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"State of concern" was a term that briefly replaced the traditional designation "rogue state" used by the United States to describe nefarious regimes that threaten international stability. The change first surfaced when Madeleine Albright gave an interview to National Public Radio in June of 2000. She said -

"Well, first of all, we are now calling these states "states of concern" because we are concerned about their support for terrorist activity, their development of missiles, their desire to disrupt the international system. They remain--North Korea remains on the terrorist list, and we are going to really be looking at how this relationship develops."

The change in lingo was subtle but consequential. A "rogue state" is inherently nefarious and has no hope of rapprochement with the peaceful comity of "good guys". A "state of concern" is something to be helped and doted over, having strayed from the path which was presumed to be inherent in the "New World Order" of the post-Cold War world - the trend towards liberal democracy and capitalism. The left-wing praised the change because they had criticised the "rogue state" moniker for being too simplistic. It was, and is, antagonistic towards a foreign government to class them as a "rogue state" - but then it might also be justified. The usual contenders for inclusion on a list of "rogue states" typically include Iran, North Korea, Saddam Hussein's Iraq and Syria. The governments of all these places share some common traits - their ideologies are fundamentally opposed to Western interests, they are not democratic, they are authoritarian, and they are at various stages of acquiring weapons of mass destruction.

Interestingly, the change was originally brought about in deference to North Korea's feelings. A Seoul summit, at which the Presidents of the two Koreas shook hands, was taken by many to signal the start of rapprochement between the two countries. North Korea looked like it might finally be about to behave itself, and as the most potentially dangerous rogue state in the world, the State Department decided it'd be nice to encourage them. A big issue under discussion in American politics at the time was the construction of a missile shield which could keep Asian nukes off American soil. The change in lingo left supporters of this initiative with their pants down, because no-one would seriously construct a missile shield due to "states of concern".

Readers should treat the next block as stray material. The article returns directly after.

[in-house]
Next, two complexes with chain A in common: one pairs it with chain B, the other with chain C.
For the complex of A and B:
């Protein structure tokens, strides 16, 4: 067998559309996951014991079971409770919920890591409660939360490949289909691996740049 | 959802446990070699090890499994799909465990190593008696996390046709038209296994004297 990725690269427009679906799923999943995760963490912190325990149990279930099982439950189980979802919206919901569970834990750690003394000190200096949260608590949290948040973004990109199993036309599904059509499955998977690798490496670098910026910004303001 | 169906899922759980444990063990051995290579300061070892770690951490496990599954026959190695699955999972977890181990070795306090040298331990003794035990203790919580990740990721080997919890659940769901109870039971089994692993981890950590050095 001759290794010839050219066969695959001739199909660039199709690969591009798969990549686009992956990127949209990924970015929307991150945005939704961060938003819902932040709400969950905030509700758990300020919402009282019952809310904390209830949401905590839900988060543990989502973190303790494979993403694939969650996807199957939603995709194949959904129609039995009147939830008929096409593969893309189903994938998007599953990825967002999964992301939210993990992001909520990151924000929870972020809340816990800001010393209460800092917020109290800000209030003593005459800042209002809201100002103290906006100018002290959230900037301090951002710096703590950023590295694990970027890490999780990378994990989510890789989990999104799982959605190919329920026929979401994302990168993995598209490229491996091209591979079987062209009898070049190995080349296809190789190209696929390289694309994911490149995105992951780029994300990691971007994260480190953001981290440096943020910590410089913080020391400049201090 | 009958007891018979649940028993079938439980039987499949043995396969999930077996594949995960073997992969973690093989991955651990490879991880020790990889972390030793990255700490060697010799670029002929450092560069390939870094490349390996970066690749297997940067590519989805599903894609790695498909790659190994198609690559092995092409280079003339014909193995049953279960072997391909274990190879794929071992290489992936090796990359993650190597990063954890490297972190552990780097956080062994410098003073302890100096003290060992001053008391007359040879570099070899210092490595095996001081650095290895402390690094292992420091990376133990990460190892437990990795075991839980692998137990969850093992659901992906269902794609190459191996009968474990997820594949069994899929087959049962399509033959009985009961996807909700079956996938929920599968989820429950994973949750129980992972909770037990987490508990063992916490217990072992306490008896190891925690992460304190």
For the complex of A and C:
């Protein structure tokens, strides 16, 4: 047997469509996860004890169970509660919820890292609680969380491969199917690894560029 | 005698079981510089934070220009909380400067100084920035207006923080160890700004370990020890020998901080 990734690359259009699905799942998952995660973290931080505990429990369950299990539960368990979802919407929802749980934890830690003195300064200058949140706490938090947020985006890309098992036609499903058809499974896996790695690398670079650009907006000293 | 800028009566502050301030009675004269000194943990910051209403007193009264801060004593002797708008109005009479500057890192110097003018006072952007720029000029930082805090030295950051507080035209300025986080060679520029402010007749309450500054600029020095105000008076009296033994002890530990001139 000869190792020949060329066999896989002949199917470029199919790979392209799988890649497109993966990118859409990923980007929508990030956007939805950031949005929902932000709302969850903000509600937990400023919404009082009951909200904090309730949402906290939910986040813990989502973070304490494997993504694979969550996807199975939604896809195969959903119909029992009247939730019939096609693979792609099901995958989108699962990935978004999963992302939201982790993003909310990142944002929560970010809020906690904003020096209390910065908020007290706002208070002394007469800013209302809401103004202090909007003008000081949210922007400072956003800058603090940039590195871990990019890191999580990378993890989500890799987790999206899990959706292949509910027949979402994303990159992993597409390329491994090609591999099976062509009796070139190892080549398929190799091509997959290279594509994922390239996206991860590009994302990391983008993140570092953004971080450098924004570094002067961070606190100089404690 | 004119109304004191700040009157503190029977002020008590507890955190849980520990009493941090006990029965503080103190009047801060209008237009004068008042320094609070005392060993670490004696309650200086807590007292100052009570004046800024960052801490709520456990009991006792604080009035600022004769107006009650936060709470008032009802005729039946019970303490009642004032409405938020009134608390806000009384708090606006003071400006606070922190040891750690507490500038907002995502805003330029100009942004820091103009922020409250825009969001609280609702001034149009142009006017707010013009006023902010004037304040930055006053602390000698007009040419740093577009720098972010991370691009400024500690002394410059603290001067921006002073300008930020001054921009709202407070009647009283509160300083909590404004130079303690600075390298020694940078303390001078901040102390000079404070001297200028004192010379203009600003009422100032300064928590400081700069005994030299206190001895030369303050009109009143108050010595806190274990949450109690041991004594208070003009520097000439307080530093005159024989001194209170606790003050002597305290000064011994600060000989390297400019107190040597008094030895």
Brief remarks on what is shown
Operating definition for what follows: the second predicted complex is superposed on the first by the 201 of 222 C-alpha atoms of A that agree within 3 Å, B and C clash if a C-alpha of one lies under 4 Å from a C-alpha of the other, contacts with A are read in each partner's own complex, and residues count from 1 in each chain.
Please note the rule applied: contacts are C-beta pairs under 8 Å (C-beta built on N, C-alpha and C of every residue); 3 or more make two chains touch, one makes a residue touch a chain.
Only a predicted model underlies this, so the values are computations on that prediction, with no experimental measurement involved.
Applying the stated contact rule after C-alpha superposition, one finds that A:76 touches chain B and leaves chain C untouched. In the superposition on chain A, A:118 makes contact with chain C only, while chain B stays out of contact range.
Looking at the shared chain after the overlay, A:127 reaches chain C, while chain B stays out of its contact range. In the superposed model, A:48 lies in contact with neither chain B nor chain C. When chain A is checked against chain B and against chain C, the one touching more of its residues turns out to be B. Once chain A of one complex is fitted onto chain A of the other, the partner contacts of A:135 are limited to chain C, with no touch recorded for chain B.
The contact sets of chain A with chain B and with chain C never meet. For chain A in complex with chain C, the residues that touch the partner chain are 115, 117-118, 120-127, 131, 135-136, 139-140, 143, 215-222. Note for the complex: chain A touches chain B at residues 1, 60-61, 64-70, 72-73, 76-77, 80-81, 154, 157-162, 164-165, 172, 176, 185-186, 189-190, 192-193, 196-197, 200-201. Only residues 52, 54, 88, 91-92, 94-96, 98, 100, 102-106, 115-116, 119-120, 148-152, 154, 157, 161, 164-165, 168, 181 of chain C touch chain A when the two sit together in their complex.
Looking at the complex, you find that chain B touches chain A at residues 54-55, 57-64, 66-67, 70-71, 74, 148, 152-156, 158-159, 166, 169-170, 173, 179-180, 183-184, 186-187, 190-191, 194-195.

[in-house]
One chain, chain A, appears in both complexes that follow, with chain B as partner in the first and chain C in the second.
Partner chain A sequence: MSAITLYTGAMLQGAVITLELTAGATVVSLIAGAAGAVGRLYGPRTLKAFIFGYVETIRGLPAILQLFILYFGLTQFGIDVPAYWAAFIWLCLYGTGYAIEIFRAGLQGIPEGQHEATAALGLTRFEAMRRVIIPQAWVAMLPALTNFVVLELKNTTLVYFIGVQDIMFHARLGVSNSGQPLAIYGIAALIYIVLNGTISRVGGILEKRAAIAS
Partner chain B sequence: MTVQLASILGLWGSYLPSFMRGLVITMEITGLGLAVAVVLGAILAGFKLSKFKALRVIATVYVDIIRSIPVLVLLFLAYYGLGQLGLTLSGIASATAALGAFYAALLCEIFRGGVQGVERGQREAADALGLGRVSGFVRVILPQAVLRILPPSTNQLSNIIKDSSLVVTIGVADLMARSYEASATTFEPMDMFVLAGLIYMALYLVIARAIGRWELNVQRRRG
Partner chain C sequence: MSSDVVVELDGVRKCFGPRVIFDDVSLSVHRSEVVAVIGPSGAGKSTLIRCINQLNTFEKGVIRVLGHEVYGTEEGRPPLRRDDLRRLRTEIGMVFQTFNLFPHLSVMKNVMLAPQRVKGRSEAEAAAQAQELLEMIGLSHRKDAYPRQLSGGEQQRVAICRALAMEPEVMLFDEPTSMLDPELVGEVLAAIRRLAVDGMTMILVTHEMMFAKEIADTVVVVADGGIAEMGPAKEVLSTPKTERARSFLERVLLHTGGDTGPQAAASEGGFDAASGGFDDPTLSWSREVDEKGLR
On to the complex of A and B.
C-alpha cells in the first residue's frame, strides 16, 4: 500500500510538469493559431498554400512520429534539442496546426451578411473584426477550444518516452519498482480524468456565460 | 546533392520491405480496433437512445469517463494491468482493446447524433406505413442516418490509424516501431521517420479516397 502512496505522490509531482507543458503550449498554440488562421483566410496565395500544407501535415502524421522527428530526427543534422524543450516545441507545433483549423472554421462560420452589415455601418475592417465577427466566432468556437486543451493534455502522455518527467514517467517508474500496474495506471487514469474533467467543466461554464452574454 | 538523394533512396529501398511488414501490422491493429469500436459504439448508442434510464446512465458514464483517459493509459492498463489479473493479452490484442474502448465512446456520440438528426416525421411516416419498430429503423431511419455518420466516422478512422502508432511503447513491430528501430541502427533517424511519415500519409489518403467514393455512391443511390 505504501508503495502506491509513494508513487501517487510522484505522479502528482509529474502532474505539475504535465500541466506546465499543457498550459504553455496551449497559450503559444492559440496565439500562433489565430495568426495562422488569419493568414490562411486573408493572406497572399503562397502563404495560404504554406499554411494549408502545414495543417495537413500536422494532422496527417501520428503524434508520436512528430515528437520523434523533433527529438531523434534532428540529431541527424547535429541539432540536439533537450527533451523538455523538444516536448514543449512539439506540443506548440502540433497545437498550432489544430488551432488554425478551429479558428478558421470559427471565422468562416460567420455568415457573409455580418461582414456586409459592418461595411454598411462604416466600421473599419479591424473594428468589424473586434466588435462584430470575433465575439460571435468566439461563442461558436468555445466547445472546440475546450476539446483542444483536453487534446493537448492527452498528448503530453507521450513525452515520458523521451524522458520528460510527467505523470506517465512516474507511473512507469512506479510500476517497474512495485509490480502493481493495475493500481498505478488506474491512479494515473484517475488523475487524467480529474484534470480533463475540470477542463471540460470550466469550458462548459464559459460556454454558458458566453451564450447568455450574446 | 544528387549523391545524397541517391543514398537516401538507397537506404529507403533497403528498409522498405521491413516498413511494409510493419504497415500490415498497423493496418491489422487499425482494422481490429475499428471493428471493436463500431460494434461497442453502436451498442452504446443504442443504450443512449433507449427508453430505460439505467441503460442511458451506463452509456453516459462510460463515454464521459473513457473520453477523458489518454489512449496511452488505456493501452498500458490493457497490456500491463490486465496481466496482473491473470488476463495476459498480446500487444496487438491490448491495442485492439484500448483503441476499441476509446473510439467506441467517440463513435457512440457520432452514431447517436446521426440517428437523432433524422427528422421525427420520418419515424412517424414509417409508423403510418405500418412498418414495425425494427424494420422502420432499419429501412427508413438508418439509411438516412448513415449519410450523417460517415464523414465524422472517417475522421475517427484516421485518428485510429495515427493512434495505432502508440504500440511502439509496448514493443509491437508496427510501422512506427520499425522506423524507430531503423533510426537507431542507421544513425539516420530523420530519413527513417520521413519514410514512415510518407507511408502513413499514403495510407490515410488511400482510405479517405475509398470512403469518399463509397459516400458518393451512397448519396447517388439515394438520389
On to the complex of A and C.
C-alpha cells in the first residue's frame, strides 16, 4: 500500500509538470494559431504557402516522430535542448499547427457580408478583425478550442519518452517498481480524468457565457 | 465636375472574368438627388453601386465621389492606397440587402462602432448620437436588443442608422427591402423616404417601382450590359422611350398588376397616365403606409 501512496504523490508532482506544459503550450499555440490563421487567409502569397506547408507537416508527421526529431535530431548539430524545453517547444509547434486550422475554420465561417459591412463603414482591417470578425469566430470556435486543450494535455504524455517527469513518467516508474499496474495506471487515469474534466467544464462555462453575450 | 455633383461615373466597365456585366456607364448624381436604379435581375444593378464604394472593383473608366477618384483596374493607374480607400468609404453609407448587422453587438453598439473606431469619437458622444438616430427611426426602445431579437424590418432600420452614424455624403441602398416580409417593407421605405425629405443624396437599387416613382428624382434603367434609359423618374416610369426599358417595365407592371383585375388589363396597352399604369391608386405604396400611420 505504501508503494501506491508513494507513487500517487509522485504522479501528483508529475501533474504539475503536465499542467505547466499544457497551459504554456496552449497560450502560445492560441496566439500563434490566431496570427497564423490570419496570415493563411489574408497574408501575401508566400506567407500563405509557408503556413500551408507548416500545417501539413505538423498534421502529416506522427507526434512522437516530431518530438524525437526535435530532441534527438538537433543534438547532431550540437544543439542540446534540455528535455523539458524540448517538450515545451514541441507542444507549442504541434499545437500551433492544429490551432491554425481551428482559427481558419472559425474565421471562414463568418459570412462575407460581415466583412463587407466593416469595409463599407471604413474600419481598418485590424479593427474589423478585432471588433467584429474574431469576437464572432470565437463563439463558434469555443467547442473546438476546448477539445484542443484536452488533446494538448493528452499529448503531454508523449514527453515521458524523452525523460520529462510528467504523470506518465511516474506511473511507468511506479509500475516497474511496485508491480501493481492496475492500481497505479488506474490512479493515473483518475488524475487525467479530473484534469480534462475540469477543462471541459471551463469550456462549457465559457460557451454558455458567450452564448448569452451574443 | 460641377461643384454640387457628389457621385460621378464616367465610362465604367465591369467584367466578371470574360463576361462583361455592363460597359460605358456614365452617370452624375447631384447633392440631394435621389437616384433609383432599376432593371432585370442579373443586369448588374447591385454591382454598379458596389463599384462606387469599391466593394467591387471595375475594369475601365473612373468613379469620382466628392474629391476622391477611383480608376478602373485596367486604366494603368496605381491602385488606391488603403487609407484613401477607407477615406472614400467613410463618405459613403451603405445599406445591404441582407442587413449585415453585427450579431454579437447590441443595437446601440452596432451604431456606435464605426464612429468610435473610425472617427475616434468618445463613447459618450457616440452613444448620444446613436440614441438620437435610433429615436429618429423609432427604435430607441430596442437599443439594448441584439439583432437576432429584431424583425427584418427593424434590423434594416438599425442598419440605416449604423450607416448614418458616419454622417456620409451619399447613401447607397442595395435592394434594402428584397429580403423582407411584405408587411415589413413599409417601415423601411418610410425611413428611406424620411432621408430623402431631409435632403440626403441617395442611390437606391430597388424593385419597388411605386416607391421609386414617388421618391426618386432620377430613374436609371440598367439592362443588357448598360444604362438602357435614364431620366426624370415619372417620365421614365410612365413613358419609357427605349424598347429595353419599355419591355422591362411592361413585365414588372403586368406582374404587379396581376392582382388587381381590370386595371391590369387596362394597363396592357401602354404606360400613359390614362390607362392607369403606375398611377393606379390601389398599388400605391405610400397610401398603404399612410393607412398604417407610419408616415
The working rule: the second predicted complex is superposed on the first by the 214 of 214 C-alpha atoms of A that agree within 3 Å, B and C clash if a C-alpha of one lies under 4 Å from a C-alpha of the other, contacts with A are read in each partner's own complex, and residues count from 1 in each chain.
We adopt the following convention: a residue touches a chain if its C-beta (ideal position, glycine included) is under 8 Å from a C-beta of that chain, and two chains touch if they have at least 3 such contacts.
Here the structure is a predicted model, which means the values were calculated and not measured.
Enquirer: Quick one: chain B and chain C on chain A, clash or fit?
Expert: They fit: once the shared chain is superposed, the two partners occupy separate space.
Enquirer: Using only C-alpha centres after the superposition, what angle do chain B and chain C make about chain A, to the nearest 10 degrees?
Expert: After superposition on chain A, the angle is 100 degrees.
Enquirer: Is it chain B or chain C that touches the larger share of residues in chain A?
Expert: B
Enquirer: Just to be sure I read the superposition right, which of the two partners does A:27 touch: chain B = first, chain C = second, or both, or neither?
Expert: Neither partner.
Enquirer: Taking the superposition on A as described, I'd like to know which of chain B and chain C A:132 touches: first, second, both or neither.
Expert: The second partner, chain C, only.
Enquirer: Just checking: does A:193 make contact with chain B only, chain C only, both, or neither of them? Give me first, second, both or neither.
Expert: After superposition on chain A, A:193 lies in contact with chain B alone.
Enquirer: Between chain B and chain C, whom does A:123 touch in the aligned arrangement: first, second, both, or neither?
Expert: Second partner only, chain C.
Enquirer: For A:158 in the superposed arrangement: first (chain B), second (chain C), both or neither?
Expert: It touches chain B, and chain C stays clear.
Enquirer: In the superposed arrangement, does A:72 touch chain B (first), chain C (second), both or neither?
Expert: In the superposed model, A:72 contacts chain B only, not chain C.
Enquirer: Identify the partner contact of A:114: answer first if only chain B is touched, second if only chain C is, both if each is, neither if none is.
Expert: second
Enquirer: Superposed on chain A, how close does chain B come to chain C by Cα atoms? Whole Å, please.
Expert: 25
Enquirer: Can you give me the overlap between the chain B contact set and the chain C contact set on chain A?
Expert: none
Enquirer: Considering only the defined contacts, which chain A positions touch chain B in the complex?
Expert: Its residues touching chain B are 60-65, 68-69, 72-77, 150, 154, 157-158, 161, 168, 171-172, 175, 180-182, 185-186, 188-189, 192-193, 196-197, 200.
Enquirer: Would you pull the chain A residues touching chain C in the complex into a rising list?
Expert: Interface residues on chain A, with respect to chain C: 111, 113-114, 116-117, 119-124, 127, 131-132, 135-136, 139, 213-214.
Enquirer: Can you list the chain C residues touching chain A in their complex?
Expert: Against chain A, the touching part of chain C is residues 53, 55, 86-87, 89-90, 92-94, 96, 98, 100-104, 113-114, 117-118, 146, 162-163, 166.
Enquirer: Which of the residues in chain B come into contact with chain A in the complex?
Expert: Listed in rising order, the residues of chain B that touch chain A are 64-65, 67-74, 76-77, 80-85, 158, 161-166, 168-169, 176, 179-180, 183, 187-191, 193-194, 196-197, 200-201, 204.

In an interview given to National Review in the month of the announcement Condoleezza Rice, then foreign policy advisor to the Bush campaign, was dismissive of the change. She said the Bush administration, if elected, would possibly "try to avoid categories of that kind" altogether, but went on to stress that she was concerned mainly over diplomatic word-twisting. She said -

"these are states that have been adamantly and consistently opposed to American interests, these are states that have been trying to acquire weapons of mass destruction, these are states that are stirring up trouble in all kinds of places of interest and importance to the United States, and they are opaque regimes that seem bent on destabilizing the international system, not acting within it. As long as you're not confused about that, I don't care what you call them."

It has been suggested that the Clinton administration planned to normalise relations with the erstwhile "rogue states", and indeed they reportedly planned a visit by the President to North Korea and an end to the embargo on Cuba. The Bush administration, which has a less rosy view of global geopolitics, has put an end to these plans, and even dubbed three of the old "rogue states" to be part of an "axis of evil". Members of the Bush administration now usually refer to nefarious regimes as "rogue states", although they have occasionally said "state of concern" (in reference to North Korea). The term "failed state" is also sometimes used, although this is more specific - a state can be said to have "failed" when it experiences a breakdown of (or never achieved) the monopoly on the use of force within its own borders.

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